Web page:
RFC 4243 Vendor-Specific Relay Suboption December 2005 0 1 2 3 0 1 2 3 4 5 6 7 8 9 0 1 2 3 4 5 6 7 8 9 0 1 2 3 4 5 6 7 8 9 0 1 +-+-+-+-+-+-+-+-+-+-+-+-+-+-+-+-+-+-+-+-+-+-+-+-+-+-+-+-+-+-+-+-+ | Code | Length | Enterprise Number1 | +-+-+-+-+-+-+-+-+-+-+-+-+-+-+-+-+-+-+-+-+-+-+-+-+-+-+-+-+-+-+-+-+ | | DataLen1 | | +-+-+-+-+-+-+-+-+-+-+-+-+-+-+-+-+-+-+-+-+-+-+-+-+ + \ Suboption Data1 \ +-+-+-+-+-+-+-+-+-+-+-+-+-+-+-+-+-+-+-+-+-+-+-+-+-+-+-+-+-+-+-+-+ | Enterprise Number2 | +-+-+-+-+-+-+-+-+-+-+-+-+-+-+-+-+-+-+-+-+-+-+-+-+-+-+-+-+-+-+-+-+ | DataLen2 | Suboption Data2 | +-+-+-+-+-+-+-+-+-+-+-+-+-+-+-+-+-+-+-+-+-+-+-+-+-+-+-+-+-+-+-+-+ \ \ . . . . +-+-+-+-+-+-+-+-+-+-+-+-+-+-+-+-+-+-+-+-+-+-+-+-+-+-+-+-+-+-+-+-+ The Code for the suboption is 9. The one-byte Length field is the length of the data carried in the suboption, in bytes. The length includes the length of the first Enterprise Number; the minimum length is 4 bytes. "Enterprise NumberN" is a vendor's Enterprise Number as registered with IANA [4]. It is a four-byte integer value in network byte- order. DataLenN is the length of the data associated with the Enterprise Number. The Suboption Data is an opaque sequence of bytes. The Vendor-Specific suboption includes at least one Enterprise Number and carries opaque data defined by the organization identified by the Enterprise Number. A relay may include data associated with more than one vendor's Enterprise Number within a single instance of the Suboption. Of course, the Vendor-Specific data are vendor-specific. This specification does not establish any requirements on the data in the suboption. Vendors who make use of this suboption are encouraged to document their usage in order to make interoperability possible. Stapp, et al. Standards Track [Page 3]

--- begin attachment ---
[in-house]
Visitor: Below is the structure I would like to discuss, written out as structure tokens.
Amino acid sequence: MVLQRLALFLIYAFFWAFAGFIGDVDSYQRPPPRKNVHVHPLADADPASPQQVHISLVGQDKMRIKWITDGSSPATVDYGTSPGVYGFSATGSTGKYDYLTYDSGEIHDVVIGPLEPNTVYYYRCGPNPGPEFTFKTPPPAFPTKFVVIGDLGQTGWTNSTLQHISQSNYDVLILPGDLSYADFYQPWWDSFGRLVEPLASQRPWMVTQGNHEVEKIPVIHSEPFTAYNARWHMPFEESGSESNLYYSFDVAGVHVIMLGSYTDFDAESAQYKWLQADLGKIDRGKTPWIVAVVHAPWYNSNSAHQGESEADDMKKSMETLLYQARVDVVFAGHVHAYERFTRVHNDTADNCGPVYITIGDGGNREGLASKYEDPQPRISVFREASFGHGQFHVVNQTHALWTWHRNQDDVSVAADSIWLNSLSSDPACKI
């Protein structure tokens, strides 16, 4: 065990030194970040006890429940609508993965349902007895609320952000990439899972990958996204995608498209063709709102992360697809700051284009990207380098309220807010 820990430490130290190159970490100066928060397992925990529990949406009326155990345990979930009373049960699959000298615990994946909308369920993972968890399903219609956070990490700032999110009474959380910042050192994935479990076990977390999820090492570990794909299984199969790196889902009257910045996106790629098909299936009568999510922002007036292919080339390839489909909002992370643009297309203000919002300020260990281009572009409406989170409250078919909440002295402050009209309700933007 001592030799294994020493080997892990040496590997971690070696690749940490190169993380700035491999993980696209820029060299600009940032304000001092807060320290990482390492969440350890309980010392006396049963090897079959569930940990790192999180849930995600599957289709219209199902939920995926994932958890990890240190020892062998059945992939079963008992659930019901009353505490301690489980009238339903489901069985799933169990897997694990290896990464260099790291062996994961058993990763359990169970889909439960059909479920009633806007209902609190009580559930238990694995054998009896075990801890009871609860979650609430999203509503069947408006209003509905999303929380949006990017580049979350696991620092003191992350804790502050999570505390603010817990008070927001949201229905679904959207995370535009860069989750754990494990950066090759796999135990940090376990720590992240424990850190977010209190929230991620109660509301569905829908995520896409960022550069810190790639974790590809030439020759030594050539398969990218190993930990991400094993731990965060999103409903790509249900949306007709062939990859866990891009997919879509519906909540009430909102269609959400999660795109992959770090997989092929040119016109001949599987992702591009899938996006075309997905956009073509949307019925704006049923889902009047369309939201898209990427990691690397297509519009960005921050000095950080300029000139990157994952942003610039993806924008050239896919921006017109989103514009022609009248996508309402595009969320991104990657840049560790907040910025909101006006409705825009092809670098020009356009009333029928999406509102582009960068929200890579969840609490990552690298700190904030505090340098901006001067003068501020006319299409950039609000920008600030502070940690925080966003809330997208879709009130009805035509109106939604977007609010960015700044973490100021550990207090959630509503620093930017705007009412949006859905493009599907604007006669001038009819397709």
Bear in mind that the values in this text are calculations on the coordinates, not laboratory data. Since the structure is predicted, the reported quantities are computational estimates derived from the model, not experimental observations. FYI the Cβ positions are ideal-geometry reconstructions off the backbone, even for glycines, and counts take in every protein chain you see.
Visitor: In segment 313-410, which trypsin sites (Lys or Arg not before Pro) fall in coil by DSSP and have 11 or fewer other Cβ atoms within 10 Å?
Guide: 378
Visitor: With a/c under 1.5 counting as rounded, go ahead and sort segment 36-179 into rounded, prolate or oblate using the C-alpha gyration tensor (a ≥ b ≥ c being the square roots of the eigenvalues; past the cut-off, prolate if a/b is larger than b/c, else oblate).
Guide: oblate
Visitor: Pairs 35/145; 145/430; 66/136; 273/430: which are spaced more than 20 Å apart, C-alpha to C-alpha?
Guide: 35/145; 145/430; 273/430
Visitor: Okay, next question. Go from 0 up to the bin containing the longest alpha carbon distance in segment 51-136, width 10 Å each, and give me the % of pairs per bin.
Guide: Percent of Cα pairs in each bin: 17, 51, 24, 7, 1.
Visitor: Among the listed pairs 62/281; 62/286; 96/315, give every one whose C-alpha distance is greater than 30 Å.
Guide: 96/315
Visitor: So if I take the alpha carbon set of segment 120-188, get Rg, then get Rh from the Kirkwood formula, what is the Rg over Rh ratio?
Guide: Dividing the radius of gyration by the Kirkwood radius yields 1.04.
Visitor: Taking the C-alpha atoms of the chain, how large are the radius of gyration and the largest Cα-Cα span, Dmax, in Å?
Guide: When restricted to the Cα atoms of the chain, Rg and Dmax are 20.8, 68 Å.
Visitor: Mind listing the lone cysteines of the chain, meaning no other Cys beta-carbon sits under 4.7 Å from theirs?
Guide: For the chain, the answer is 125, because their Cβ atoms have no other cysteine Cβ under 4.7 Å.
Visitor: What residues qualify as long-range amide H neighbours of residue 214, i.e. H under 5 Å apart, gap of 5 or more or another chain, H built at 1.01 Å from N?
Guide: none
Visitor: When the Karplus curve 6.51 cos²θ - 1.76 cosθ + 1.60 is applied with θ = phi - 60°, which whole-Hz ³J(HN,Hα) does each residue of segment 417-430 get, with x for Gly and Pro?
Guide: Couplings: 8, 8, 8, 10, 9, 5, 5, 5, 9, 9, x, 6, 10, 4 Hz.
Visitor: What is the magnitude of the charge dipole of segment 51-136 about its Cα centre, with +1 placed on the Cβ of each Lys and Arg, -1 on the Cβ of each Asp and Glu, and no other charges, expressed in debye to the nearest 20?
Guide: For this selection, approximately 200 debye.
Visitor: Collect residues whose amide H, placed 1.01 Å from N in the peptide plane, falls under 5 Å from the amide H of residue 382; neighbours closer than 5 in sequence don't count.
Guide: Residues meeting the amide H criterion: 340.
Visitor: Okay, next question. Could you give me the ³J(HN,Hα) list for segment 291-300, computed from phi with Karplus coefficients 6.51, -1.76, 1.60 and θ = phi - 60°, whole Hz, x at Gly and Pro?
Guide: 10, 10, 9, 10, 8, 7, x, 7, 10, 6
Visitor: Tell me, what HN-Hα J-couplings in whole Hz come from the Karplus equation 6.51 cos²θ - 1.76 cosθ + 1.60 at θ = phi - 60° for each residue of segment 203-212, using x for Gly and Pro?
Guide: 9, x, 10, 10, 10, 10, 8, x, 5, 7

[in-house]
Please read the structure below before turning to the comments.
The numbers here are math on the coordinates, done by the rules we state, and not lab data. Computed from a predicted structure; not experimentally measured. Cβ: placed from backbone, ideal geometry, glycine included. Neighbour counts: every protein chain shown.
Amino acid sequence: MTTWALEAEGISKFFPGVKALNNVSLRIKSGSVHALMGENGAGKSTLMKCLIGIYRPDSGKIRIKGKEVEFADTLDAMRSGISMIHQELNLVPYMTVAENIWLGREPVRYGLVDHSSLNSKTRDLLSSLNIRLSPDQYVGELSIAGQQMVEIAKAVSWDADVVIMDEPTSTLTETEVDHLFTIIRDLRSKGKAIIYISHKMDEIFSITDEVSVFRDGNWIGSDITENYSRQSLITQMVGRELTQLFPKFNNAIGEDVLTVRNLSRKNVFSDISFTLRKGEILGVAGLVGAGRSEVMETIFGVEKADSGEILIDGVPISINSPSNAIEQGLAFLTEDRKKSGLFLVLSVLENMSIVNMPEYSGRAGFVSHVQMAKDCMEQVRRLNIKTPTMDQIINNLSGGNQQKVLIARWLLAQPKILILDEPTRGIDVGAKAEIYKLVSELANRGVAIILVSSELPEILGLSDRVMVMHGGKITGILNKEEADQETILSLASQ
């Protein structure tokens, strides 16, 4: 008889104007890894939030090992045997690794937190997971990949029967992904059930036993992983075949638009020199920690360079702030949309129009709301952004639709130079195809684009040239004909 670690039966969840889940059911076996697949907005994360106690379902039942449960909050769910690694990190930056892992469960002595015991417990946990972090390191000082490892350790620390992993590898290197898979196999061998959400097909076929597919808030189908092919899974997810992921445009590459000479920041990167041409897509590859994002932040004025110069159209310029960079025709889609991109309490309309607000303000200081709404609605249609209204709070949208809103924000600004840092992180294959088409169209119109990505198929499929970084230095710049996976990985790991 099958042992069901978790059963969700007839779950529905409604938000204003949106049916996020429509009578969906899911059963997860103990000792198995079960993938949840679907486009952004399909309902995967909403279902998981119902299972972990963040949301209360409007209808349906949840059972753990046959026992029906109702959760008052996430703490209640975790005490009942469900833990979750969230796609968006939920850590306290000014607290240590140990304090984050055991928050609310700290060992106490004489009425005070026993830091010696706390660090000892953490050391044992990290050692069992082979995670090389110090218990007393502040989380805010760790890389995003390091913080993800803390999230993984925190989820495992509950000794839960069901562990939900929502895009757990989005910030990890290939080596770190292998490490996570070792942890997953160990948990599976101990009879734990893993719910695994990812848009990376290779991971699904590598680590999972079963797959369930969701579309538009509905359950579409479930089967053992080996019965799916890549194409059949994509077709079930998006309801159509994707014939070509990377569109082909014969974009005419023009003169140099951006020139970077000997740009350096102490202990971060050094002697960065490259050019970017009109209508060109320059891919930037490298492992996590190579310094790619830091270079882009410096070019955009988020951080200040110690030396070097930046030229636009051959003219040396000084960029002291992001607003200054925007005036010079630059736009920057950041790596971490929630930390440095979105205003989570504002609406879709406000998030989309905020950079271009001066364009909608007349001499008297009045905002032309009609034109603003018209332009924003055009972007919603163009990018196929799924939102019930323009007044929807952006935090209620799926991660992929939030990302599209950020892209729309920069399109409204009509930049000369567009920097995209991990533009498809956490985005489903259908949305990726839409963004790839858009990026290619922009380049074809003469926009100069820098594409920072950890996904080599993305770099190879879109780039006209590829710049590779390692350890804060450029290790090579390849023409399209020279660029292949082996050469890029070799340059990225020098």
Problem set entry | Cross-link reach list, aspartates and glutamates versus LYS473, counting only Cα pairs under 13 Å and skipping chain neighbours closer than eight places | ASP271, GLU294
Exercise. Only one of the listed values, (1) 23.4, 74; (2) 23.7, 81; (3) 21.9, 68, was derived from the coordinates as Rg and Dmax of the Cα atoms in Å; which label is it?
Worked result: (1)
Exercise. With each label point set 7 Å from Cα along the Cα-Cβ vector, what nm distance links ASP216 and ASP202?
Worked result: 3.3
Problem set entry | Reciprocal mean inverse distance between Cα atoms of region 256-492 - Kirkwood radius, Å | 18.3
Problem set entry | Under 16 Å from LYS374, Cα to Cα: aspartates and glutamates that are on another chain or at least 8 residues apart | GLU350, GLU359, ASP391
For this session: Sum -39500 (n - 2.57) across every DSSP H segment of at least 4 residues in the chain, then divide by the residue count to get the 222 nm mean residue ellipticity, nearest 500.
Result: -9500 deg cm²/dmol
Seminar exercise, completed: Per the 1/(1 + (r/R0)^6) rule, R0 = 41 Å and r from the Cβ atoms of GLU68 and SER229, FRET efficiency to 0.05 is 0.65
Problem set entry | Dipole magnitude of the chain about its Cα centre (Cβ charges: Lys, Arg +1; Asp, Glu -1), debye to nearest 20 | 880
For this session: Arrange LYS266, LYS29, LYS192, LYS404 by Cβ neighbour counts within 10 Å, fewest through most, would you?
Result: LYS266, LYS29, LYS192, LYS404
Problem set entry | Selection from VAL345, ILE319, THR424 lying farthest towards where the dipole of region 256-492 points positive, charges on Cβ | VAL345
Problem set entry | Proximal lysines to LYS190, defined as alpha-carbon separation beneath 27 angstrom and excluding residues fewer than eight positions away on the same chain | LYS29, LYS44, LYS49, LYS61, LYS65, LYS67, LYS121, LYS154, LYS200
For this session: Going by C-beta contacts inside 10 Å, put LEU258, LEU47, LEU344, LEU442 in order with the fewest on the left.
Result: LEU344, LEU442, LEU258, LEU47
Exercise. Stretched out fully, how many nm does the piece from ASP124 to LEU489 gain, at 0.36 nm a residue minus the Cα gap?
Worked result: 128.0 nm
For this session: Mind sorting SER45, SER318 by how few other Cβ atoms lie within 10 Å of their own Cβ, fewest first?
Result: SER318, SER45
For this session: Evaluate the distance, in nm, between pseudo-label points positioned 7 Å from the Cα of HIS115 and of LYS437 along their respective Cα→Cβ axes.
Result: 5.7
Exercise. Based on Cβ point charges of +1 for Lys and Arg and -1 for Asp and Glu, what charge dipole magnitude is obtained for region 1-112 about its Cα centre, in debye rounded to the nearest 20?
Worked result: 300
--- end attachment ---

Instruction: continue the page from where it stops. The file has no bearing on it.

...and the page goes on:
RFC 4243 Vendor-Specific Relay Suboption December 2005 4. Relay Agent Behavior DHCP relay agents MAY be configured to include Vendor-Specific suboptions if they include a relay agent information option in relayed DHCP messages. The suboptions' types and data are assigned and configured through mechanisms that are outside the scope of this memo. Relay implementors are encouraged to offer their administrators a means of configuring what data can be included in this suboption, and to document what they are capable of. 5. DHCP Server Behavior This suboption provides additional information to the DHCP server. The DHCP server, if it is configured to support this suboption, may use this information, in addition to other relay agent option data and other options included in the DHCP client messages, in order to assign an IP address and/or other configuration parameters to the client. There is no special additional processing for this suboption. 6. Security Considerations Message authentication in DHCP for intradomain use, where the out- of-band exchange of a shared secret is feasible, is defined in RFC 3118 [5]. Potential exposures to attack are discussed in section 7 of the DHCP protocol specification in RFC 2131 [2]. The DHCP relay agent option depends on a trusted relationship between the DHCP relay agent and the server, as described in section 5 of RFC 3046. Fraudulent relay agent option data could potentially lead to theft-of-service or exhaustion of limited resources (like IP addresses) by unauthorized clients. A host that tampered with relay agent data associated with another host's DHCP messages could deny service to that host, or interfere with its operation by leading the DHCP server to assign it inappropriate configuration parameters. While the introduction of fraudulent relay agent options can be prevented by a perimeter defense that blocks these options unless the relay agent is trusted, a deeper defense using authentication for relay agent options via the Authentication Suboption [6] SHOULD be deployed as well. There are several data in a DHCP message that convey information that may identify an individual host on the network. These include the chaddr, the client-id option, and the hostname and client-fqdn options. Depending on the type of data included, the Vendor-Specific suboption may also convey information that identifies a specific host or a specific user on the network. In practice, this information isn't exposed outside the internal service-provider network, where DHCP messages are usually confined. Administrators who configure data that will be used in DHCP Vendor-Specific suboptions should be careful to use data that are appropriate for the types of networks Stapp, et al. Standards Track [Page 4]